Hepatic Surgery Simulator
by Hervé Delingette
In the past decade, minimal invasive surgery has seen a strong development over more traditional surgical techniques. The main advantage of minimal invasive surgery is to avoid the traumatism linked to the opening of the patient's body. In the case of laparoscopy, a video camera and few surgical instruments are introduced inside the abdomen through small openings. This technique has the advantage of being less invasive and therefore of shortening the stay of the patient at the hospital. However, minimal invasive surgery requires specific training due to the difficulty of moving a three-dimensional tool by looking at a two-dimensional video image which creates a problem of hand/eye coordination. Furthermore, the gestual dexterity is strongly reduced due to the shape of surgical instruments.
The purpose of this common research project between INRIA and IRCAD (Institut de Recherche contre le Cancer de l'Appareil Digestif) is to provide computer software allowing:
- the teaching of the liver anatomy from three-dimensional computer generated images
- the gesture training of a surgeon by simulating the interaction of various surgical tools with the organs of the abdomen
- the planning of the resection of hepatic segments from the CT-scan images of a patient.
There are several advantages of a computer-aided simulator over current training techniques (mechanical simulator, training on cadavers or animals). Such a simulator would give an objective evaluation of a surgeon dexterity combined with a more intensive training activity. It would allow the simulation of rare pathological cases and could simulate the interaction with several organs.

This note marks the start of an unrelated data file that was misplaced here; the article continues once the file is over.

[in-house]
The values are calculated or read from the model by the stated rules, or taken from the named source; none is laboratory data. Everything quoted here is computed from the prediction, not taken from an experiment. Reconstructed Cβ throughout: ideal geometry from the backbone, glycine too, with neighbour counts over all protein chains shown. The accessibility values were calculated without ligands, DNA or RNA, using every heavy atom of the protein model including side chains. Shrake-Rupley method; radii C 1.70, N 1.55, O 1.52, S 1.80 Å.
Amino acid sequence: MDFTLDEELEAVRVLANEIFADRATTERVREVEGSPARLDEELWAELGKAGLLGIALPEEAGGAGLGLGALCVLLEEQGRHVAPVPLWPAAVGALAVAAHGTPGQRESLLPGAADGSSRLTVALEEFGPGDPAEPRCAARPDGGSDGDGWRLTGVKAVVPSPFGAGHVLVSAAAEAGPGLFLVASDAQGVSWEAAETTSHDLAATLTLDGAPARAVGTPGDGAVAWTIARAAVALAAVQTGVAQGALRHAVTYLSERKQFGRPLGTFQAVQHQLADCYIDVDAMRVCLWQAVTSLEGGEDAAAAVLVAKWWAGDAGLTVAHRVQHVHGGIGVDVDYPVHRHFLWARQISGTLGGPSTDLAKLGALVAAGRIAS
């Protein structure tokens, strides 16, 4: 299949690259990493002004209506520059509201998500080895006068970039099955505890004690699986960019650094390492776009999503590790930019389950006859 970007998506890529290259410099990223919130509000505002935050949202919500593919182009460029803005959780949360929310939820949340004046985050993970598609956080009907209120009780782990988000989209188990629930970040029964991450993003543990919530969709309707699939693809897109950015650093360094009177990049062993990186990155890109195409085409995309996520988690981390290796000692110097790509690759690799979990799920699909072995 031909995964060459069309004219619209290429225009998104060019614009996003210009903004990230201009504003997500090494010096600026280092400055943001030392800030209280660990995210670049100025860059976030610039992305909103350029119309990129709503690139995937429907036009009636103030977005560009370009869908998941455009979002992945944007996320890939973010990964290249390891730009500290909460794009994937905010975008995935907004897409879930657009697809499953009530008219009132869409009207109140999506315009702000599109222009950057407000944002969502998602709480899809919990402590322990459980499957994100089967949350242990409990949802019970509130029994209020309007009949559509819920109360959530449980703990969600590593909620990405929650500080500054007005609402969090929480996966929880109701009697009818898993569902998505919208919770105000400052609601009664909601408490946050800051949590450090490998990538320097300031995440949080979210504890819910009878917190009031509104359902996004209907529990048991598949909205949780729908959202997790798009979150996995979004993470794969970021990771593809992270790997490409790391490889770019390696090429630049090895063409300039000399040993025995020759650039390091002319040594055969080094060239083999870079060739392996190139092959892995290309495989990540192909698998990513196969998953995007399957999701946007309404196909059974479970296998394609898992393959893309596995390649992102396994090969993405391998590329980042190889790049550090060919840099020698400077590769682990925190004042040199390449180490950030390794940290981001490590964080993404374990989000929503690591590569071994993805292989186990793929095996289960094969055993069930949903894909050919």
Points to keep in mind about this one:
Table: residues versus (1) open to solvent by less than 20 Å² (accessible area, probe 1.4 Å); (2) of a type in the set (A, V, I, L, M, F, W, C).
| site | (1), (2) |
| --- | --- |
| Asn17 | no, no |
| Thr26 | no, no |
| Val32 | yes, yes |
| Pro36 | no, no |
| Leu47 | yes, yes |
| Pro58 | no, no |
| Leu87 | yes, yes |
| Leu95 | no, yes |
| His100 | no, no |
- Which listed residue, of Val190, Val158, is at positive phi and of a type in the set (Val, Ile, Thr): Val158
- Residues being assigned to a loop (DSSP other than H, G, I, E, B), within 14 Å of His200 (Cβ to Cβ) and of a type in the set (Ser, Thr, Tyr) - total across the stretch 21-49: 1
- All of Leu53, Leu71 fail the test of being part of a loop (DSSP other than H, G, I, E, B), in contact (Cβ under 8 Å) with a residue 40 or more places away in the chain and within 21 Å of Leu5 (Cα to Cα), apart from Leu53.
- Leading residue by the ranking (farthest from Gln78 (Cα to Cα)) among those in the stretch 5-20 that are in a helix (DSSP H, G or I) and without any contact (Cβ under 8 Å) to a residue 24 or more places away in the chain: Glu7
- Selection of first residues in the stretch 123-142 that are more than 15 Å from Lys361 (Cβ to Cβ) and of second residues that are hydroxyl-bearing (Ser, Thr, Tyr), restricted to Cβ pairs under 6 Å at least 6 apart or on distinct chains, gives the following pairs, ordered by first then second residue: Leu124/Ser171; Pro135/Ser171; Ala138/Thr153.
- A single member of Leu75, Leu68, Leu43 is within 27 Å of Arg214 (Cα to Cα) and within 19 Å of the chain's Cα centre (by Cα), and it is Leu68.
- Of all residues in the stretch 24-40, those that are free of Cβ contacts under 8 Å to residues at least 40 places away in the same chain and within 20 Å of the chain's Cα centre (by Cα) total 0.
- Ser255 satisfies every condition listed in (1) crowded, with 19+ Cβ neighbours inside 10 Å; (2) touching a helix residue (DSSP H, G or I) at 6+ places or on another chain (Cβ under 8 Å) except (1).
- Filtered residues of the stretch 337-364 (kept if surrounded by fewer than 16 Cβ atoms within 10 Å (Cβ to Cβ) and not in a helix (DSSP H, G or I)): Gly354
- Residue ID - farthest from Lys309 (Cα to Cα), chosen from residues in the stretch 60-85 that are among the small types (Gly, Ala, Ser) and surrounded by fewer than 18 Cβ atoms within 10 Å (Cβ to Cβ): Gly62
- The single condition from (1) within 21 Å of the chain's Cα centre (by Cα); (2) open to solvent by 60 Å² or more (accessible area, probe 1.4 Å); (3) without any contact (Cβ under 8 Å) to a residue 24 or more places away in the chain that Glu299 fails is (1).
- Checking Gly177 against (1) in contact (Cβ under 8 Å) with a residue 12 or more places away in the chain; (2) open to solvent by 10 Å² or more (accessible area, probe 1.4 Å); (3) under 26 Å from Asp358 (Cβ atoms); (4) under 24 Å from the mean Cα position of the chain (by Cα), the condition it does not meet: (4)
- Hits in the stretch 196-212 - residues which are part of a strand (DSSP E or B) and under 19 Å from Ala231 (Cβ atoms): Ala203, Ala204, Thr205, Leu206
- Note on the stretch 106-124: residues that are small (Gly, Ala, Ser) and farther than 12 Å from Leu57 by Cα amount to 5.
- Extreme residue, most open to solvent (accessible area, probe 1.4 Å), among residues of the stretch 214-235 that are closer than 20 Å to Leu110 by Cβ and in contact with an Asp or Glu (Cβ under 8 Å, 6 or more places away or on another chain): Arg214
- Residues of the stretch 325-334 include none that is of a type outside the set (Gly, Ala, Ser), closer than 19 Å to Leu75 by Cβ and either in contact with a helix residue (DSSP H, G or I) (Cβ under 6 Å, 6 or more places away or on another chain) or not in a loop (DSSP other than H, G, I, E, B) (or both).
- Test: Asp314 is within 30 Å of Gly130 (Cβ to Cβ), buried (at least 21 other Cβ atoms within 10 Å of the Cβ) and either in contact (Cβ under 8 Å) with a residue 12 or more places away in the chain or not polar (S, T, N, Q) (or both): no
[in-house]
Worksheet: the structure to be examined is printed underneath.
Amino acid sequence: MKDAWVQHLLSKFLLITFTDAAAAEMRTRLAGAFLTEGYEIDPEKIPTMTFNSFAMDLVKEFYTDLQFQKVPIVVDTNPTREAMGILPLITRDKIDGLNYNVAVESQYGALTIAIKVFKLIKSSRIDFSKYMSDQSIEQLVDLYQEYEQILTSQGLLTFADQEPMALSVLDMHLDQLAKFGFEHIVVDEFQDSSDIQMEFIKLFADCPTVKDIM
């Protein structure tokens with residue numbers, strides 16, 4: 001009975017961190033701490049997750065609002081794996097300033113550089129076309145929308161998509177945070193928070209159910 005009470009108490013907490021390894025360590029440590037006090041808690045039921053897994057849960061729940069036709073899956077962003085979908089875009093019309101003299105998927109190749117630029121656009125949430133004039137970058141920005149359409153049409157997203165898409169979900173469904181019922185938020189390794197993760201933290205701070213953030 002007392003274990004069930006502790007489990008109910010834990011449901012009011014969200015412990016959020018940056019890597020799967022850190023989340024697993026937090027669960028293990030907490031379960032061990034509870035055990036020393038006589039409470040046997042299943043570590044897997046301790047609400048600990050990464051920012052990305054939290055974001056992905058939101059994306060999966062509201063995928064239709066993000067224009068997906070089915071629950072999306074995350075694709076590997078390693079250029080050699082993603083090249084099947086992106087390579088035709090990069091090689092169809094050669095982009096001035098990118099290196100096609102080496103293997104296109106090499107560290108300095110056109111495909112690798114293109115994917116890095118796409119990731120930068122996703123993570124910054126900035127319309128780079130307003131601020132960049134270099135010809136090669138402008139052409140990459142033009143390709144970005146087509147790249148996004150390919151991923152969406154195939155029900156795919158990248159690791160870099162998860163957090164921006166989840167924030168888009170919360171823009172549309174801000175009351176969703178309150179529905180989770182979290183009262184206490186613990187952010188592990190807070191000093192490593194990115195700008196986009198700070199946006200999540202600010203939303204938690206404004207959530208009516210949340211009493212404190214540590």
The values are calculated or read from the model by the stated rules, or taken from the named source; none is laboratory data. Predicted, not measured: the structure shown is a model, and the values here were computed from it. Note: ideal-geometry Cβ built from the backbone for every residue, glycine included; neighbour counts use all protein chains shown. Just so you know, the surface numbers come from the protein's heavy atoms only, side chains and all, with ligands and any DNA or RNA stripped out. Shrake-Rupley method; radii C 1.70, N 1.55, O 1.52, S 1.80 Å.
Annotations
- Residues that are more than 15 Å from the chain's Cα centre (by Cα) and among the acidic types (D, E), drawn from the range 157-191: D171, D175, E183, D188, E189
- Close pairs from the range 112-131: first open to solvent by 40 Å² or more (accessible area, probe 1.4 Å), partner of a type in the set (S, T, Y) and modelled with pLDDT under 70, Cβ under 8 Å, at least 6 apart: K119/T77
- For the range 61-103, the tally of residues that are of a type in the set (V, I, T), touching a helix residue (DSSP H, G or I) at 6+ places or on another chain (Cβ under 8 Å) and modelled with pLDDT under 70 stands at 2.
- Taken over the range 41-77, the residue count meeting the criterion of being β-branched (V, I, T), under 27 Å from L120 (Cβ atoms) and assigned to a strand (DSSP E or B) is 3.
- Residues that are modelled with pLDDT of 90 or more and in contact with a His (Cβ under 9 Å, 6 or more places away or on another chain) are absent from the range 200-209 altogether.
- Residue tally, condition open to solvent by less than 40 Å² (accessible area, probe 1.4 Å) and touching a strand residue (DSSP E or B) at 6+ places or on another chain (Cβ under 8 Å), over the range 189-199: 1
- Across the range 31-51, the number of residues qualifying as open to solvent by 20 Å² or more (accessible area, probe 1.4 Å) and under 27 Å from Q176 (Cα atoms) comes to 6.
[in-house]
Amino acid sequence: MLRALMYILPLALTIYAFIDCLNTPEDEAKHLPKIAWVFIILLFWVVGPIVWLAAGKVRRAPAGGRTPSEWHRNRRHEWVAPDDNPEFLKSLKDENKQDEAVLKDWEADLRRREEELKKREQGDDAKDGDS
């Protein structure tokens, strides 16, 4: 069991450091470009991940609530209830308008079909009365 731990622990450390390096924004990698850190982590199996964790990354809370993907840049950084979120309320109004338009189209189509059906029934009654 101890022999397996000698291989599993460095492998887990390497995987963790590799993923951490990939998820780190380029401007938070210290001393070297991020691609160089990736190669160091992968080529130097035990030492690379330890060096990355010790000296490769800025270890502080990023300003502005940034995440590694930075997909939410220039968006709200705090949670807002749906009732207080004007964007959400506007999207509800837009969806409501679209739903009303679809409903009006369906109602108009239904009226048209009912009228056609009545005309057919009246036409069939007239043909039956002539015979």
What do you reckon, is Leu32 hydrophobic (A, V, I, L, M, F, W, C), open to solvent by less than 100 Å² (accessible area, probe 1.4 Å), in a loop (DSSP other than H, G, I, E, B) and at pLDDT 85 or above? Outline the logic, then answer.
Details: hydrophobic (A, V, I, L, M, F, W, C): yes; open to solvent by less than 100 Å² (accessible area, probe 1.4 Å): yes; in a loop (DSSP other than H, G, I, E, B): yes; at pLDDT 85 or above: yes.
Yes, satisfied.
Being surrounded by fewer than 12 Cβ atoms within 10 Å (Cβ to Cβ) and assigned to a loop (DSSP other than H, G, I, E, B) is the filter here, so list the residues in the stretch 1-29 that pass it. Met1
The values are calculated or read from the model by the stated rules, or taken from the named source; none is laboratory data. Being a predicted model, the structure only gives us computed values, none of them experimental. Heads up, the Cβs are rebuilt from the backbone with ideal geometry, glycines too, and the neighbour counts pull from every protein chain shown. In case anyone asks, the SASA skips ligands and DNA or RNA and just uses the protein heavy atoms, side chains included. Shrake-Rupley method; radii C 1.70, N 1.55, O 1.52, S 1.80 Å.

Simulation of a surgical operation on the liver. Interaction with a deformable model of the liver using a force feedback system. (Photo: Eidelman)
We have developed an hepatic surgery simulator that couples visual with force feedback. The force feedback allows the surgeon to feel the anatomical structures that it is interacting with. The geometric model of the liver is extracted from CT-scans of the abdomen acquired with contrast agent. An optimized method of deformation based on linear elasticity, provides real-time computation of the deformation as well as the associated reaction forces.
Herve Delingette - INRIA
Tel: +33 4 93 65 77 64
Stephane Cotin - INRIA
Tel: +33 4 93 65 76 63
Jacques Marescaux - IRCAD
Tel:+33 3 8811 6268
Fax: +33 3 8811 6265